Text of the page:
Approved Vendor Lists for Packaging

To be told, “You’re on my list,” is welcomed news when it refers to an AVL.

Sterling Anthony

An approved vendor list (AVL) is a document central to vendor management (for related reading, see “Packaging’s Vital Role in Vendor Management,” Packaging World, May 2021, or visit pwgo.to/7029). The centrality is simple: one has to have vendors first, in order to manage them.

An AVL indexes the vendors that are authorized to supply specified products (and/or services) to the subject buyer. To have practical value, an AVL must be regarded as an edict, deviations allowed only under extenuating circumstances. When what’s being supplied has to do with packaging, the establishment and management of that portion of an AVL pose a variety of challenges.

Any approved vendor only is as reliable as the approval process that it underwent. Approval criteria for packaging needs to be exacting, reflecting packaging’s multi-faceted roles in the manufacture, marketing, and distribution of goods. Although not to the exclusion of all other considerations, criteria always should involve price, quality, and performance. The three are interrelated and the relative importance of any one is application specific. For packaging that’s subject to stringent federal regulations, for example, quality and performance are non-negotiable. Nonetheless, the buyer should pursue price negotiations aggressively, but in good faith.

Because of the many inclusions that can fall under the rubric of packaging, its portion of an AVL can be quite populated, even for modest-sized companies. Keeping the list current requires the necessary additions and subtractions, as partnerships are formed and dissolved. Personnel within the buyer’s company also undergo additions and subtractions. Therefore, an inquiry into any vendor’s status never should be solely dependent on the recall of an employee.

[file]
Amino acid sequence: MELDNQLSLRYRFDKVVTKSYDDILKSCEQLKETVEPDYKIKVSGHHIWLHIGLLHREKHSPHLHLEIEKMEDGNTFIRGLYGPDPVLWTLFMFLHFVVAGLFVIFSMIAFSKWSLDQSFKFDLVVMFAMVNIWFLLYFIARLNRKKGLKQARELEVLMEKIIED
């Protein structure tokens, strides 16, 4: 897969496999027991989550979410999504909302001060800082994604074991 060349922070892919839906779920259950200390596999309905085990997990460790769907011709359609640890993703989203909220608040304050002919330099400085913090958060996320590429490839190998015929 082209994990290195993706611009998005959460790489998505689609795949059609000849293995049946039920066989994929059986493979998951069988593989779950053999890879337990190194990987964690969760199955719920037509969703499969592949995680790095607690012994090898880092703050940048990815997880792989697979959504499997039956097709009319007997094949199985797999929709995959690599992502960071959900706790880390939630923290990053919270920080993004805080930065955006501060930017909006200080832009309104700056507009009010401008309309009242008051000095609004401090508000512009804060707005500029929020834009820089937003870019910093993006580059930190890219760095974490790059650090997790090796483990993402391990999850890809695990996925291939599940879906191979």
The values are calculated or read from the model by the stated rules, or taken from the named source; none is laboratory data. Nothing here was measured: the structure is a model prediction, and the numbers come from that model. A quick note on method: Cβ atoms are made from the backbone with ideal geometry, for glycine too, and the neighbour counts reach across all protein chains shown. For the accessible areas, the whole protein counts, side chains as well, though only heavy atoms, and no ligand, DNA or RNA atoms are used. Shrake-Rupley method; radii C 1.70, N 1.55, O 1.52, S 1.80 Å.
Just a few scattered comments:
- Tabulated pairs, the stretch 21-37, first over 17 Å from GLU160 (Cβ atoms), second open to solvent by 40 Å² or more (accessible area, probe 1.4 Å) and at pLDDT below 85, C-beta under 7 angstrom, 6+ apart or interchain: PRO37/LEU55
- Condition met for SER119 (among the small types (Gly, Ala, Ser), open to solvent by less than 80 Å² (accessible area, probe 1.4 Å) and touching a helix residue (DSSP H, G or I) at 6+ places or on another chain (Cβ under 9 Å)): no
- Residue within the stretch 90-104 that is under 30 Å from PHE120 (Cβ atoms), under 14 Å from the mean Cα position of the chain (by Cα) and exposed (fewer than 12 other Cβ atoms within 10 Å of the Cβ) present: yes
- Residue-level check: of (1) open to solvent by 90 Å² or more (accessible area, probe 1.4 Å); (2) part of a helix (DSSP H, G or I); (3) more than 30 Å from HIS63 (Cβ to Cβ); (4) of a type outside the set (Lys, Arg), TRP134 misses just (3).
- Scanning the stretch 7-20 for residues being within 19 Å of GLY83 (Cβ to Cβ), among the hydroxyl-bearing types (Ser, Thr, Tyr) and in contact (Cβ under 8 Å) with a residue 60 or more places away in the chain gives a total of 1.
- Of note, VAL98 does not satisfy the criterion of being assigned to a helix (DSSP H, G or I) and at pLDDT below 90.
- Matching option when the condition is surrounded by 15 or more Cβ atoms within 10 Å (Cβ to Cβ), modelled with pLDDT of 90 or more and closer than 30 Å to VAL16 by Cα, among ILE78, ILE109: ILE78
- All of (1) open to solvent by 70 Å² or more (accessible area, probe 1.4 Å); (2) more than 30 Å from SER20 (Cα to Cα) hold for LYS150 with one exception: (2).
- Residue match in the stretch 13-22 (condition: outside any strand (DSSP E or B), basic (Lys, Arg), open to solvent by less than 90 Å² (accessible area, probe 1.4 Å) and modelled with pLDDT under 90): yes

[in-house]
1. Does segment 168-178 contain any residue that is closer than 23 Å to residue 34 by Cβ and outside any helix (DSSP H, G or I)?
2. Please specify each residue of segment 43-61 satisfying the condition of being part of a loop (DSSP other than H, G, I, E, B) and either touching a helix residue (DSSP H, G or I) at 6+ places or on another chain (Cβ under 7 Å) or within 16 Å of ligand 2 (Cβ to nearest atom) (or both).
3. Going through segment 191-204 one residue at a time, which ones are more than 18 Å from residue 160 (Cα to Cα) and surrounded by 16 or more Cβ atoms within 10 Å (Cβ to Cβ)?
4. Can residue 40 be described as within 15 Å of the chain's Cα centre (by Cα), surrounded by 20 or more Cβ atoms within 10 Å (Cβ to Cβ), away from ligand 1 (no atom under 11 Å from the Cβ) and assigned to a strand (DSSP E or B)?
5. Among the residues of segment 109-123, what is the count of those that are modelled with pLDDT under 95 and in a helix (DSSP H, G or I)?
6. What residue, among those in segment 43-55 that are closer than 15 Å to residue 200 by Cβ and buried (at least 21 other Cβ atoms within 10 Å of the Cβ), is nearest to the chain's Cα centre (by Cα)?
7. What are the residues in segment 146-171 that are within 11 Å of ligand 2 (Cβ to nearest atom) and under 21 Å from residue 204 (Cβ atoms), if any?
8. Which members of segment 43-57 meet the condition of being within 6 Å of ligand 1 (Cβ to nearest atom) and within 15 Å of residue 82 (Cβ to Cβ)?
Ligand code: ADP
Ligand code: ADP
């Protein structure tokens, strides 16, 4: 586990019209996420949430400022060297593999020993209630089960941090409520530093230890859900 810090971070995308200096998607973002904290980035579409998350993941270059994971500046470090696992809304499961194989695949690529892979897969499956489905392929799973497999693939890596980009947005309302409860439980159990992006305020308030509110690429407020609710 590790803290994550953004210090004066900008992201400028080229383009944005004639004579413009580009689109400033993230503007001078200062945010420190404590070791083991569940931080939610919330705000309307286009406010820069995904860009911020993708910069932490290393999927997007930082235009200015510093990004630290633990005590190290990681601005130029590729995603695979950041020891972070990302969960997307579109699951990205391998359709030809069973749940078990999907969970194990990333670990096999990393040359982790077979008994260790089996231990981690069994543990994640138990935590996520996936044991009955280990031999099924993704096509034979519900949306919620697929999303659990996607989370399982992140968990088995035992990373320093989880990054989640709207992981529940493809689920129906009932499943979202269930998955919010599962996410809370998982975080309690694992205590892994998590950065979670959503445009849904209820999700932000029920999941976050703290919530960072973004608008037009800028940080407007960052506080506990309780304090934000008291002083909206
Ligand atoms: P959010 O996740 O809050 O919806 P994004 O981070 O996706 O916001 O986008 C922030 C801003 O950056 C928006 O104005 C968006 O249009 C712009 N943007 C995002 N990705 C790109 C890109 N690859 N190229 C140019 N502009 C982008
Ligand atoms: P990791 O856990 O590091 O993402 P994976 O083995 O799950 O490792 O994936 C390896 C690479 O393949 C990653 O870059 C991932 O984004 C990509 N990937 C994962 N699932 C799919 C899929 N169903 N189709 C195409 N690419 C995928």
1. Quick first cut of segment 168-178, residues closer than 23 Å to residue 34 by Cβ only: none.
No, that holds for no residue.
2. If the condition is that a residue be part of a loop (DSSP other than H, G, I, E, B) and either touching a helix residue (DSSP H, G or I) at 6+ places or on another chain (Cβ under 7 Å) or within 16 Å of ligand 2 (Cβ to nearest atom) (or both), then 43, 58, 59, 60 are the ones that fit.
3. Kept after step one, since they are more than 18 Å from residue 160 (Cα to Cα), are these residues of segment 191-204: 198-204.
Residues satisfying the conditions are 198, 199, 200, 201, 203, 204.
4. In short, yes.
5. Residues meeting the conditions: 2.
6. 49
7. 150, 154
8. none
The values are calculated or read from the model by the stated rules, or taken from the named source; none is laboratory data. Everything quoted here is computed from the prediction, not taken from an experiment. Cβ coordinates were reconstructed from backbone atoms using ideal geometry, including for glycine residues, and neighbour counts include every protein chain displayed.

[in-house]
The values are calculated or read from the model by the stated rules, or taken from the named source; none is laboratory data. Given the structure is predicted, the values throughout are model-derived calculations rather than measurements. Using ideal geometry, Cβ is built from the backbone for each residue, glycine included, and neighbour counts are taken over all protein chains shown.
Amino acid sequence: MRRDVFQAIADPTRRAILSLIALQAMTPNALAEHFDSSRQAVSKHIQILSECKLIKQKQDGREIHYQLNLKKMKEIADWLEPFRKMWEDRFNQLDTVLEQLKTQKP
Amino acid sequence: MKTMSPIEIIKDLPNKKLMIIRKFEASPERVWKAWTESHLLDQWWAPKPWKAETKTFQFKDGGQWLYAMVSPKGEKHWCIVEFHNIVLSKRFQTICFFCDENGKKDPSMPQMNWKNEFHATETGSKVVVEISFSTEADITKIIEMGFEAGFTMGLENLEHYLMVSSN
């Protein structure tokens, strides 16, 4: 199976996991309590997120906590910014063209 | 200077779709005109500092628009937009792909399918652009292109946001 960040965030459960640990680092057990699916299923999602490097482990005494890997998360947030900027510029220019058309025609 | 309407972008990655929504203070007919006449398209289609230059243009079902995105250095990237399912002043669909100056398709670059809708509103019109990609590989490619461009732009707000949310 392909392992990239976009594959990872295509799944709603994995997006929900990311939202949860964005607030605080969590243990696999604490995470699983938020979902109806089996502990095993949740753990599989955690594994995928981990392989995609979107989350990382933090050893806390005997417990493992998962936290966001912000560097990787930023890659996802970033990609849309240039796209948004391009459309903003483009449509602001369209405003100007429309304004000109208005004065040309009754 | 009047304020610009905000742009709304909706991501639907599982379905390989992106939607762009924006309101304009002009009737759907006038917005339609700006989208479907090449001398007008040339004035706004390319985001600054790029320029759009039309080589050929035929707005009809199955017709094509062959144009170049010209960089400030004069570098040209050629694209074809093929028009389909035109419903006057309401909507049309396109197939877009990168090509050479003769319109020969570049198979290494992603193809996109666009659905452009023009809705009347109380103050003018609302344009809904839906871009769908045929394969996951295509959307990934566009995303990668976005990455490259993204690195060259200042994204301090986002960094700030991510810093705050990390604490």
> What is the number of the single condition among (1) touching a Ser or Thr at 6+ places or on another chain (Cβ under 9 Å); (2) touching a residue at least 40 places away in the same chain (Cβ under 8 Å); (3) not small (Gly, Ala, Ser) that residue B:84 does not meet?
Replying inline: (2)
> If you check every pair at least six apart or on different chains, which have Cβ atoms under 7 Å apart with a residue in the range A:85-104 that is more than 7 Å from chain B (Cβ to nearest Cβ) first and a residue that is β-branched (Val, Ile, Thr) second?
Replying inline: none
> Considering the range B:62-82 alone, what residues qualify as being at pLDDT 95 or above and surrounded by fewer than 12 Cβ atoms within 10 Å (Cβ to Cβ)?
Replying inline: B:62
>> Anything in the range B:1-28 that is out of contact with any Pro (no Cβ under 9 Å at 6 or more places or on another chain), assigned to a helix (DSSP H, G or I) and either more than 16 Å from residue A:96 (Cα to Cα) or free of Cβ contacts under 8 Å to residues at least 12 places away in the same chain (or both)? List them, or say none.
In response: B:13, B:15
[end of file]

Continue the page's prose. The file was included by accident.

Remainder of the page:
Any AVL—as is true of all aspects of vendor management—should be computer-supported, software-driven, and accessible to all stakeholders throughout the buyer’s company. That advice speaks to form. A related matter is that of content, which is to ask, “what information should an AVL convey?” The answers lend themselves to who, what, when, where, and how.

A company name should be used to state who a vendor is. As obvious as that might seem, there are pitfalls to be avoided. In the case of a distributor, for example, the vendor is not necessarily the manufacturer. Regardless of whether the listed vendor is the manufacturer or an intermediary, it’s essential to list the name, phone number, email, etc., of a contact person.

What is procured from the vendor should be listed by description, and when applicable, by specification. When a vendor supplies different categories of items, an AVL should be able to convey that fact without being clunky. Another situation that an AVL should readily make clear is when a vendor supplies packaging that’s of the same type but is differentiated across the buyer’s brands. There are other possible combinations, but the point is that an effective AVL is one that can present them with at-a-glance clarity.

The when-issue can provide a variety of information. For example, it could relate to the history of the relationship, analogous to when a credit card states, “member since _ _ _ _.” Continuing the analogy, when the relationship is contractual, it’s important to have renewal dates readily accessible to those responsible for devising strategy.

Where the supplies are coming from (i.e., sourced) can present complications. Take the example of a supply chain wherein the vendor and the buyer have multiple facilities. There is utility not only in knowing who supplies whom, but also any allowed interchangeability/substituting. Another wrinkle is added when a vendor is foreign.

How supplies are received speaks to logistics, of course. However, the “how” also can relate to the manner by which a vendor does what is does, via technologies, procedures, policies, and the like—tangibles that play into how well the parties fit.

Given the vast variety of form and content that an AVL can take, priorities need to be set. All vendors need to be accounted for, but not equally. Best practices advocate classifying vendors as either critical, important, or useful—a continuum based on the impact a vendor has on the buyer’s operations. AVLs typically are multi-sectional. The basic information is presented upon landing on a vendor, and other information accessible via links. That way, stakeholders can navigate in accordance with their interests.

AVLs should be regarded as living documents and composed, maintained, and managed as such. That’s the sure-fire way to make the approved the improved.


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